The first thing you'll notice in El Nido is the abundance of foreign tourists. They're literally all over the place. The chance of not seeing a foreigner when you're in El Nido is close to none. Whether you're walking down the beach in Bacuit Bay, or having a stroll along Calle Hama or Rizal, you're bound to meet and see White people, that's for sure. So if you're the type of person who's afraid of foreigners or have something against them, you better think twice before going to El Nido because they dominate the place. Not in a bad way though.
I've met really nice people in El Nido - they're mostly foreigners who came from around the globe. The only Filipinos I talked to were the staff from La Banane Hostel, tour organizers from the island hopping tour and the owner of El Nido Plaza Inn.
In no particular order, here are some of the cool folks I interacted with.
Having been recently to Vietnam and Thailand where he was exposed to rich gastronomical treats, Johan was interested to experience the Filipino cuisine. He noted that so far he wasn't very impressed with local food. He liked Red Horse though. Johan blogs his Southeast Asian backpacking experience at http://jinseasia.blogspot.com
As soon as the gate was opened, Jorge and I excitedly went to the beach, which was only inches away from the hostel. He began scribbling some name on the sand. Ron Ezpina, it read. I asked if that was his real name. "No, that's my friend's name. I want to make him jealous by taking a photo of the beach with his name on it," he shared. I met Jorge again early that evening. He just arrived from the island hopping tour and was waiting for his turn at the common bathroom. He looked suntanned but undoubtedly happy.
Jordi & Clara [Spain]
Helicopter Island. (I wasn't eavesdropping, they were just sitting close to me) I took a few units of Spanish back in college so I knew some words in Spanish. It wasn't until we were in Cagbatang Cove when I finally had the confidence to talk to them. "You guys Spanish?" I asked Jordi as they were preparing to snorkel. His face lit up, and answered "Yes" with a smile. "How did you know?" he asked back. "I know a few Spanish words," I said, "but un poco."
After telling me his name, he introduced his wife, Clara. "Me llamo Ryan," I said with a pretentious Spanish accent I mimicked from Spanish films I've seen and remembered. I wasn't sure if that impressed Jordi, but he smiled anyway. They told me (well mostly Jordi did the talking because Clara was more interested to swim - haha) that they're doing a tour in Southeast Asia and they needed to go back before the end of January. That kind of made him sad. Apparently, they're enjoying their stay in the Philippines. "We'll be back though," he promised, hopeful.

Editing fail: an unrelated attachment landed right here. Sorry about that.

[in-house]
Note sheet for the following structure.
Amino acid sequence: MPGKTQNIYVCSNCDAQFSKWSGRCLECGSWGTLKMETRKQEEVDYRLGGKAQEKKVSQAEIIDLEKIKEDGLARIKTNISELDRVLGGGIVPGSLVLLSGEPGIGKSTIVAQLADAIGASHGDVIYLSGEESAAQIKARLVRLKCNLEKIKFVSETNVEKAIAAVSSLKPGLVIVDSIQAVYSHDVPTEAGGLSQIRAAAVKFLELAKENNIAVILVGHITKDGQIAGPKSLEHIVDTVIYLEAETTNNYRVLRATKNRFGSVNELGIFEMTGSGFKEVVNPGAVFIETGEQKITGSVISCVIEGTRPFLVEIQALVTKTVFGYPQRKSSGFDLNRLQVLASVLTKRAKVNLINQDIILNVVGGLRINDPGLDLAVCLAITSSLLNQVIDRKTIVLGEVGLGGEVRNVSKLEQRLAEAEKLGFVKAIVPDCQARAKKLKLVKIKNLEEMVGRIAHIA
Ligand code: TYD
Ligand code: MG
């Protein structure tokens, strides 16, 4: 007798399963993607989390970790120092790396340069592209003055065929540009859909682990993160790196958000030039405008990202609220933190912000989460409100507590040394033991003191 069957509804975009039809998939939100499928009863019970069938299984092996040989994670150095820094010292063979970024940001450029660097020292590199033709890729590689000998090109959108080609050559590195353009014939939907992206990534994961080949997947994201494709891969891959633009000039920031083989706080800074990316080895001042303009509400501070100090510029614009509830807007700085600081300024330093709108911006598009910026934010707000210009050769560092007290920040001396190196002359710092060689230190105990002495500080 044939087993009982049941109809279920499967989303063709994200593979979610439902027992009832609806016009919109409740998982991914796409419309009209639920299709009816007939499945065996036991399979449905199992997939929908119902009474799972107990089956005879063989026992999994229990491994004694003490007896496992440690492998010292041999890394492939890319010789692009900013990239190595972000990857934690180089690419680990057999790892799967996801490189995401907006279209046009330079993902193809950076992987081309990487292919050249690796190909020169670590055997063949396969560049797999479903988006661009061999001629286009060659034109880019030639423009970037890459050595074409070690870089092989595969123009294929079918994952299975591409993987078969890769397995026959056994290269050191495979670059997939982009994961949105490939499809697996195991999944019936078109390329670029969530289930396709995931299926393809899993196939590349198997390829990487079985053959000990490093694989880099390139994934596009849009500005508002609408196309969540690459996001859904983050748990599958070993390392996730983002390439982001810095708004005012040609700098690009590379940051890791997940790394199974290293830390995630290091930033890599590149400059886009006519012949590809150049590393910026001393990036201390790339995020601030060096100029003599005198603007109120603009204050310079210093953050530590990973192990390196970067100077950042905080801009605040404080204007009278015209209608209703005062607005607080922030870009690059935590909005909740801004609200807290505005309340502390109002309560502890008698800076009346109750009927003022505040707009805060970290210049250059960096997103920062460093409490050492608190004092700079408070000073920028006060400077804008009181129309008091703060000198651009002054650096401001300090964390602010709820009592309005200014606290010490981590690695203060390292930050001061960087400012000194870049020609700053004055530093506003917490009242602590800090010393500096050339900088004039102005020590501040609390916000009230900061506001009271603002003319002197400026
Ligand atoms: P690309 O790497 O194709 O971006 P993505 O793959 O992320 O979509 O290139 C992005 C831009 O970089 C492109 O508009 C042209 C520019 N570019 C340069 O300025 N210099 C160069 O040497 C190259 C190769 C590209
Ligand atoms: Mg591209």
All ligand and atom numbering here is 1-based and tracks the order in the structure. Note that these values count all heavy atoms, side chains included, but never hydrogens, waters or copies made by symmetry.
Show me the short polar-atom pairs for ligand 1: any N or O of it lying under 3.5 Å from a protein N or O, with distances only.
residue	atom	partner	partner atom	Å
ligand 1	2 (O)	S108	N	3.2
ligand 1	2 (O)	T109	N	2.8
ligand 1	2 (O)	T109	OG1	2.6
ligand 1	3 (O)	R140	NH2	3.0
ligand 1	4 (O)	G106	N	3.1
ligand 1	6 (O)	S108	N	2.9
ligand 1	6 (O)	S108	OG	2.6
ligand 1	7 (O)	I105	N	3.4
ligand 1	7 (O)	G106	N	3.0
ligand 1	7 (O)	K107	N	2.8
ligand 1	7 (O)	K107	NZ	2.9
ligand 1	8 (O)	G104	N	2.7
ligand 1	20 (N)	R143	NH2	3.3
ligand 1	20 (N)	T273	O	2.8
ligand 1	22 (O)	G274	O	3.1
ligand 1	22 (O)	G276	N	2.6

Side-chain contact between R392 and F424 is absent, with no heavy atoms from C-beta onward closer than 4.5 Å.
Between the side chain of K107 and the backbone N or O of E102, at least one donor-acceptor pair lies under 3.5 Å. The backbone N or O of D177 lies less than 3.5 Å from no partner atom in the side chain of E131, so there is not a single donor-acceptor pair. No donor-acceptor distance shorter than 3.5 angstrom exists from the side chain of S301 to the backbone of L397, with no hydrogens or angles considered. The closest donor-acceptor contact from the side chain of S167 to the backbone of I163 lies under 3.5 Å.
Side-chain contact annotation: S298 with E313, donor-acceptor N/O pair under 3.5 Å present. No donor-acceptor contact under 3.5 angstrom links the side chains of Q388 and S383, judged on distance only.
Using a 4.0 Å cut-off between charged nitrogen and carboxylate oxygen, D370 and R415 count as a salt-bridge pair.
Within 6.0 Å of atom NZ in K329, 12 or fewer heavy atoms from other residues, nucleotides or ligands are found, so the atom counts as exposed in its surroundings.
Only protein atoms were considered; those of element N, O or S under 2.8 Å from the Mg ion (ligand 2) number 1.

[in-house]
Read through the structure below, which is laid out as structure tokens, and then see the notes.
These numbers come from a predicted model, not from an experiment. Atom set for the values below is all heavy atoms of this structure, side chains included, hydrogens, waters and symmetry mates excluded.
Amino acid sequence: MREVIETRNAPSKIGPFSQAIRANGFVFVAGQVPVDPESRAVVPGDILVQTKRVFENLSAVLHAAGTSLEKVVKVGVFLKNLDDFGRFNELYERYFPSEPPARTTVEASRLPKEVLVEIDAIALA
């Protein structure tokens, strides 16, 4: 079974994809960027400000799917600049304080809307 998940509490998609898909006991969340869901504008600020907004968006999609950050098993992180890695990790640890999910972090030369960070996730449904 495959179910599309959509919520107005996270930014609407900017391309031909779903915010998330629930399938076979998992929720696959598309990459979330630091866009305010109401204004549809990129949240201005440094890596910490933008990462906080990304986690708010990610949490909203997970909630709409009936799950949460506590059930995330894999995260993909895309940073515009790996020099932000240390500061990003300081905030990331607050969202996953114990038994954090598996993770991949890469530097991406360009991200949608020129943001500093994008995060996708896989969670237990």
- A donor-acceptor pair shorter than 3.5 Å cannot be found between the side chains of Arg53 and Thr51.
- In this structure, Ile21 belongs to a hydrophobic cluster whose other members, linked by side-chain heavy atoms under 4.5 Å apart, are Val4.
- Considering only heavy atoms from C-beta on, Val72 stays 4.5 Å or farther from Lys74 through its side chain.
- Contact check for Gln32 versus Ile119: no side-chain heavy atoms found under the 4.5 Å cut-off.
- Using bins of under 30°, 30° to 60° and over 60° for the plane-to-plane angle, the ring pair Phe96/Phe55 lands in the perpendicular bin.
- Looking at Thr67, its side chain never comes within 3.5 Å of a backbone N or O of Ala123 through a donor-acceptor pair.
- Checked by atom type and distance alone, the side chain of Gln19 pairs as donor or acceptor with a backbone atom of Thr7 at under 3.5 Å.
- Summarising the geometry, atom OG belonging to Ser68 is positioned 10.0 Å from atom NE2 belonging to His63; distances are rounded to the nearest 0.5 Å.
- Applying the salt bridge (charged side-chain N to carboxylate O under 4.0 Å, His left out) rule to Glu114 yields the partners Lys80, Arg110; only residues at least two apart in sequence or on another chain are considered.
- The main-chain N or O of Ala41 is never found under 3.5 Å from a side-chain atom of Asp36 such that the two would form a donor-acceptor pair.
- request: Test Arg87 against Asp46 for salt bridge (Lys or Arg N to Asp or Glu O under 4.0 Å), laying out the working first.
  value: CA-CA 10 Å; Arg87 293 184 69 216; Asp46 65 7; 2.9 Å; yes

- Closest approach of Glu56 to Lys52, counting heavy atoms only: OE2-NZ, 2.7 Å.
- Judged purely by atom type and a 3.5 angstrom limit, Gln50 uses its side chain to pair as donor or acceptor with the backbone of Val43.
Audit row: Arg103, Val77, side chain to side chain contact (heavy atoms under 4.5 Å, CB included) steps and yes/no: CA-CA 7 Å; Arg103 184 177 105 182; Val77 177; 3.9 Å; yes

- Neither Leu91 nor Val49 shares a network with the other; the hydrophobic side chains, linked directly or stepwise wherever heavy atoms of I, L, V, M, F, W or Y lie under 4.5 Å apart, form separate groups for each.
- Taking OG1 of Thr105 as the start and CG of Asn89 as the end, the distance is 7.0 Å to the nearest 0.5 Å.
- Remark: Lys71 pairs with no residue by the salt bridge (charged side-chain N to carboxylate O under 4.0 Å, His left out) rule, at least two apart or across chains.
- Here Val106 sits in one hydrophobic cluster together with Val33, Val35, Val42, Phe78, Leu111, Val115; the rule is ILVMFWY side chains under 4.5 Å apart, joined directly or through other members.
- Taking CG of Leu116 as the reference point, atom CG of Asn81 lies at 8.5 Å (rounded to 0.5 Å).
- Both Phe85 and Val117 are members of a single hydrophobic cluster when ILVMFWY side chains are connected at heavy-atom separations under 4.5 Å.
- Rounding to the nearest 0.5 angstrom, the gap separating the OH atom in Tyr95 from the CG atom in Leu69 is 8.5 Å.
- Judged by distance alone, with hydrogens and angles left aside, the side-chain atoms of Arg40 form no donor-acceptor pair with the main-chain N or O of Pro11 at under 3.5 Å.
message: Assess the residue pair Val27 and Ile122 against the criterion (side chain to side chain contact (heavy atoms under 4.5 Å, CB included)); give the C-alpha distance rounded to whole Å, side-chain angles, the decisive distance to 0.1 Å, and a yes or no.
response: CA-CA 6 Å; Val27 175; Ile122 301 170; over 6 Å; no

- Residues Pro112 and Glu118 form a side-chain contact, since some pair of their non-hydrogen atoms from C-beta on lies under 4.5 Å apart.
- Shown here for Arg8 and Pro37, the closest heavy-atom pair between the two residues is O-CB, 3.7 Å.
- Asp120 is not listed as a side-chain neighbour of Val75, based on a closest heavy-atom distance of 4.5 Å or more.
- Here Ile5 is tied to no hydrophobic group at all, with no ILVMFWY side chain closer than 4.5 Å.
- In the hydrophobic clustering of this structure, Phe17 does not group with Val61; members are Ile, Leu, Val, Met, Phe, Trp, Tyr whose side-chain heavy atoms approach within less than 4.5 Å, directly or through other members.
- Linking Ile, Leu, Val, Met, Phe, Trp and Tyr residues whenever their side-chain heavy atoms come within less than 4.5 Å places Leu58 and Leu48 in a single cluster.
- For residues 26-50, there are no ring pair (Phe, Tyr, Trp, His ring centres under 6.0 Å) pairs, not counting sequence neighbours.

Kess & Dirk [Holland]
Kess & Dirk are long time friends who took some time off work to travel. They came all the way from Amsterdam. After realizing that I was alone in the tour, these two gentlemen were kind enough to invite me for some drink at SeaSlugs restaurant, where they downed a couple of San Miguel Beer Pale Pilsen (they're favorite local drink) and wolfed down freshly-cooked seafood.
These guys were amazed to find out that language barrier wasn't much of an issue in the Philippines because everyone knows how to speak English. "That's just convenient for us," Dirk said. "But it's also saddening to realize how poor most people in your country are" he added as an afterthought. Apart from the friendly locals, what these Dutch men loved about the Philippines are the food. "Those fish and rice we ate during lunch at the tour were equally good," Kess said as he munched a grilled squid.
"The only problem we have is getting money from the ATM," Dirk shared. "We're running out of cash and there aren't banks here in El Nido, which is surprising considering the number of tourists that come here." Dirk suggested that tourists who plan to go to El Nido should be advised to bring as much cash they need.